#132: The Evolving Manuscript

Here I am in the next to last phase of a long evolutionary process. My deadline is in eight days and I can’t help but feel but that the novel is closing in on its final form. To compare it to another long evolutionary process, this is around the time of the last major fork, the moment when homo sapiens and homo neanderthalensis diverge, when one potentiality will go unwritten, become extinct.

That’s not to say that every story ends as a human. Some are giraffes. Others are dinosaurs. But they all come from the same place, the first microbes in the white soup of the blank page. In some cases stories are like fish, their final state more closely resembling the primitive waterfaring form. Most times though, a tadpole becomes an elephant. Where we start is very rarely where we end.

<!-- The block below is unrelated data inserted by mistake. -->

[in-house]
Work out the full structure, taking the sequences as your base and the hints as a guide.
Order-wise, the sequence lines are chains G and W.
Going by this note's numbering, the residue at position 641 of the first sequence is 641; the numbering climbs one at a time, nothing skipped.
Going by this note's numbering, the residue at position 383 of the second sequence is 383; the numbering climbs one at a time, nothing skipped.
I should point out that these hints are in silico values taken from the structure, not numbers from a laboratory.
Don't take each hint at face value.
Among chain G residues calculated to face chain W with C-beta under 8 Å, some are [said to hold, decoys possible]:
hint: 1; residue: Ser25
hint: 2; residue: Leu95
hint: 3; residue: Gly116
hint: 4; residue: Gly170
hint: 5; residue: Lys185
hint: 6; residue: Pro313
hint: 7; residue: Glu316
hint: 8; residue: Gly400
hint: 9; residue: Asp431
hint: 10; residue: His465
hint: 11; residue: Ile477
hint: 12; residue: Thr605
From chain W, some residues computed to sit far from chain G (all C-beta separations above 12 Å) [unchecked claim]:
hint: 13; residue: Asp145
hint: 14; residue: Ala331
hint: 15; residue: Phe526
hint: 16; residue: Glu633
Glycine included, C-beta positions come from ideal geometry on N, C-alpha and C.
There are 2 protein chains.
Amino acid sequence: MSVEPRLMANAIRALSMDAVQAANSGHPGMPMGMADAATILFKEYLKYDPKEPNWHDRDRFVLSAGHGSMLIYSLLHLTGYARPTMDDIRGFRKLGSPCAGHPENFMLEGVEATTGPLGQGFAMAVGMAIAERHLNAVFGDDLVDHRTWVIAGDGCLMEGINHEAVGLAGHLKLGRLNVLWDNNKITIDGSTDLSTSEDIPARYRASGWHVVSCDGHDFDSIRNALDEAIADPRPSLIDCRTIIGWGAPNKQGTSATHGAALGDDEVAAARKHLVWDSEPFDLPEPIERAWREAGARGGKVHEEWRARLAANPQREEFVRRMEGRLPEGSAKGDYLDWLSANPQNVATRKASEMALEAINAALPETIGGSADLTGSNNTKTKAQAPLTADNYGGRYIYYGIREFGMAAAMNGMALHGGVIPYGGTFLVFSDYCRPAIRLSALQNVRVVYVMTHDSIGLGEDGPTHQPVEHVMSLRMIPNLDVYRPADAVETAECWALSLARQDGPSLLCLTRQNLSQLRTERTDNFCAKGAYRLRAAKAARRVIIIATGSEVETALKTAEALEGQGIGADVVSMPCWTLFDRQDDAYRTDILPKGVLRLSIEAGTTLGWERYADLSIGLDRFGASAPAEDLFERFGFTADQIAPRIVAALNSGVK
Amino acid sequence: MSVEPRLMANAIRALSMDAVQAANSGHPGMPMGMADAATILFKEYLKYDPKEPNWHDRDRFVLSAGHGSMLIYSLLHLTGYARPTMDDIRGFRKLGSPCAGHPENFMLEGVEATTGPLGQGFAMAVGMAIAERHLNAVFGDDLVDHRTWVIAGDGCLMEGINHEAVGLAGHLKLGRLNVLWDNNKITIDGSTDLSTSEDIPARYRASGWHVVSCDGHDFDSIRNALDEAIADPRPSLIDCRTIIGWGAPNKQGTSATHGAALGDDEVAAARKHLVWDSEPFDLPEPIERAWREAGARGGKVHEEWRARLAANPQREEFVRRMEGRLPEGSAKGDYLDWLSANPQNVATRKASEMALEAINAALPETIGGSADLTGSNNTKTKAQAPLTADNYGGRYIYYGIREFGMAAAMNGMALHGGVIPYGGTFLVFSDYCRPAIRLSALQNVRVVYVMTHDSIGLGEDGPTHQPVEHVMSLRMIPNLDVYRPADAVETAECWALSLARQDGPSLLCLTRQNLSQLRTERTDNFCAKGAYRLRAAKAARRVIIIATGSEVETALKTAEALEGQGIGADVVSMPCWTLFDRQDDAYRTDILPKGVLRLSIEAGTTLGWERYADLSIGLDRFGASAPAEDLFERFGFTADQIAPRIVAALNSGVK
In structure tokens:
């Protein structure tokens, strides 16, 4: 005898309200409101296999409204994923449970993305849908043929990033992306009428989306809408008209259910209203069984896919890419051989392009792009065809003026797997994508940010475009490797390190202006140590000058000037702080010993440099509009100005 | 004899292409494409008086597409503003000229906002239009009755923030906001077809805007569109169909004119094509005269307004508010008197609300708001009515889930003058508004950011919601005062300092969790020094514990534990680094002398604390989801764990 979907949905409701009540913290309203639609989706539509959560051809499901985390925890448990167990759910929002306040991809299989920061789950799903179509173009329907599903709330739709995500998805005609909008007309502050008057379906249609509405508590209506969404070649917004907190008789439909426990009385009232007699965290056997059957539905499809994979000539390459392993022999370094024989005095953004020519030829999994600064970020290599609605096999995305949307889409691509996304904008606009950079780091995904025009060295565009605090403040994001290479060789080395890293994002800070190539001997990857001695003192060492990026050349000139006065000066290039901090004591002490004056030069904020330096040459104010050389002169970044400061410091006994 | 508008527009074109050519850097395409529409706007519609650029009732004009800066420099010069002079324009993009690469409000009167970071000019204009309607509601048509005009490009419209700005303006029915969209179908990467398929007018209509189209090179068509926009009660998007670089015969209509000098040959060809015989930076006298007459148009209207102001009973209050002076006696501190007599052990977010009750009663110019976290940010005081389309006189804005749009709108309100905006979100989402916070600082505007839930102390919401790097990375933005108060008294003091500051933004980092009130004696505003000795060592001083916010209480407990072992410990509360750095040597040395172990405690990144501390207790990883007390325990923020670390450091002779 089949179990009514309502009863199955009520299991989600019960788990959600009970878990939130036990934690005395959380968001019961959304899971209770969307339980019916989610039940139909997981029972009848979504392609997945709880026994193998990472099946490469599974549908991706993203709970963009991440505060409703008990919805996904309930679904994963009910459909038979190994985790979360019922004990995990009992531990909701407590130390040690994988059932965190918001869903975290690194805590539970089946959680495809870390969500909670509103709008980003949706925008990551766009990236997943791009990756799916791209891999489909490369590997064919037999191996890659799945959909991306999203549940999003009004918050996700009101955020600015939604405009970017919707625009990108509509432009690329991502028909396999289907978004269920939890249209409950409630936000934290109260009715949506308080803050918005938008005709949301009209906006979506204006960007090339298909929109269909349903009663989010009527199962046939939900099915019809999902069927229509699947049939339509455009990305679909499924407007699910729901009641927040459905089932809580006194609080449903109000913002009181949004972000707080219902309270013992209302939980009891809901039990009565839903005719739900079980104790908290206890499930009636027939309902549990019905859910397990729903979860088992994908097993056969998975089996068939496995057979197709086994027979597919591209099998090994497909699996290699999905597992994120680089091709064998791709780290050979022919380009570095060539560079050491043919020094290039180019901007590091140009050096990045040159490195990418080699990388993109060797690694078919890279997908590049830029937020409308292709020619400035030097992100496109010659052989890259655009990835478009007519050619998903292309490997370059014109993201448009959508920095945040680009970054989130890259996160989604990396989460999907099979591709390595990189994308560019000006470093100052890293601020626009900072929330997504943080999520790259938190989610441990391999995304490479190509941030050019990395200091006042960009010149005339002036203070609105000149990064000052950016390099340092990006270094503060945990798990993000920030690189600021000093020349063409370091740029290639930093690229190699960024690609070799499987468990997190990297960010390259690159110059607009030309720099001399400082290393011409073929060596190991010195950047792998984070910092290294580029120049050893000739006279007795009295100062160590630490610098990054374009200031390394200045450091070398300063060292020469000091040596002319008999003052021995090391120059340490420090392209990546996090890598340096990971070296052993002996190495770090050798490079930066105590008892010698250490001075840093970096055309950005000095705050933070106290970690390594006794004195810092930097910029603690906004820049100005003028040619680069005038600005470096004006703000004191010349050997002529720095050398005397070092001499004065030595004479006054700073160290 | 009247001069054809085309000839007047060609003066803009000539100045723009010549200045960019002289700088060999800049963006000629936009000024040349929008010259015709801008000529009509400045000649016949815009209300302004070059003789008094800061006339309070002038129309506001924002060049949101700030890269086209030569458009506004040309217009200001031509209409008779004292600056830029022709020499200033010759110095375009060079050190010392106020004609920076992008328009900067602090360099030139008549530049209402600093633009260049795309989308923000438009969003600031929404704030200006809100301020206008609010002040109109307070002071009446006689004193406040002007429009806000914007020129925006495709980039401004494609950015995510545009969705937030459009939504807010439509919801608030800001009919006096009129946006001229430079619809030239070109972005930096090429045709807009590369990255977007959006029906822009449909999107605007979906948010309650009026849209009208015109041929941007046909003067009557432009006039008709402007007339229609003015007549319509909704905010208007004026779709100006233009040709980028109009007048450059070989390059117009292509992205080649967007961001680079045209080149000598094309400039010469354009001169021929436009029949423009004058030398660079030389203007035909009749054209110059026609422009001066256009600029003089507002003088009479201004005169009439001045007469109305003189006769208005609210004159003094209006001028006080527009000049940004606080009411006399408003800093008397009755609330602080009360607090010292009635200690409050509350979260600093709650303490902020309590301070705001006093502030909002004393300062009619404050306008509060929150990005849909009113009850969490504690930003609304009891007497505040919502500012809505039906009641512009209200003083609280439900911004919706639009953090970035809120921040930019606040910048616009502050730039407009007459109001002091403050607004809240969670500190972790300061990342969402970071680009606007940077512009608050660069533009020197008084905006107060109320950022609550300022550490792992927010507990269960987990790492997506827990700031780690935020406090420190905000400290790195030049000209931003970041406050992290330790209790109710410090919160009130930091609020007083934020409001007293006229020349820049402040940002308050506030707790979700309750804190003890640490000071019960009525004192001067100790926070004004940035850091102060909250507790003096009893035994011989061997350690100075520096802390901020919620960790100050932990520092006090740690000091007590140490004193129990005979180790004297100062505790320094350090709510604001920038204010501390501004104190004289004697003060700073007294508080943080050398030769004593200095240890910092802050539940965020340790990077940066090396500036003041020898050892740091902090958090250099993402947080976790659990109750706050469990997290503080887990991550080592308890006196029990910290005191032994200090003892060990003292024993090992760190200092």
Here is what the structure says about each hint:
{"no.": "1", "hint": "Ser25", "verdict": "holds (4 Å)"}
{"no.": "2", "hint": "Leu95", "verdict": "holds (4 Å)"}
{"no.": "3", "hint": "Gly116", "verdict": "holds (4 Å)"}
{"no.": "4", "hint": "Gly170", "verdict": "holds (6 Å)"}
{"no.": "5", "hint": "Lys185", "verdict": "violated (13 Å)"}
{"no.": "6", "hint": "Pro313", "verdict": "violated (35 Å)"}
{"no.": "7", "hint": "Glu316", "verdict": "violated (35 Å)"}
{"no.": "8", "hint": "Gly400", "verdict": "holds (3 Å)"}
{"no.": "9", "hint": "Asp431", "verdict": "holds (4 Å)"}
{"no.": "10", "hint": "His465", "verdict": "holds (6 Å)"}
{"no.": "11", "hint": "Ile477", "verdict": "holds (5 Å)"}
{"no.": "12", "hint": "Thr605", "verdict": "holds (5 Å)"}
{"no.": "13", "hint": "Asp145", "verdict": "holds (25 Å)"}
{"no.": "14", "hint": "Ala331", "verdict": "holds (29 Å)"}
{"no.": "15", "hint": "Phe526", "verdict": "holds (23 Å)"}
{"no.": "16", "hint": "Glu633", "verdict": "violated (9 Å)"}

I tell new authors that I really learned how to write a novel by writing one, by going through the entire process, from start to finish, for my first book. When you do that you come a way with a sense of deep time, so that when you do it again you can fix your place at any given moment in the overall cycle. The second book isn’t necessarily easier. But in this way, at least, you feel less lost.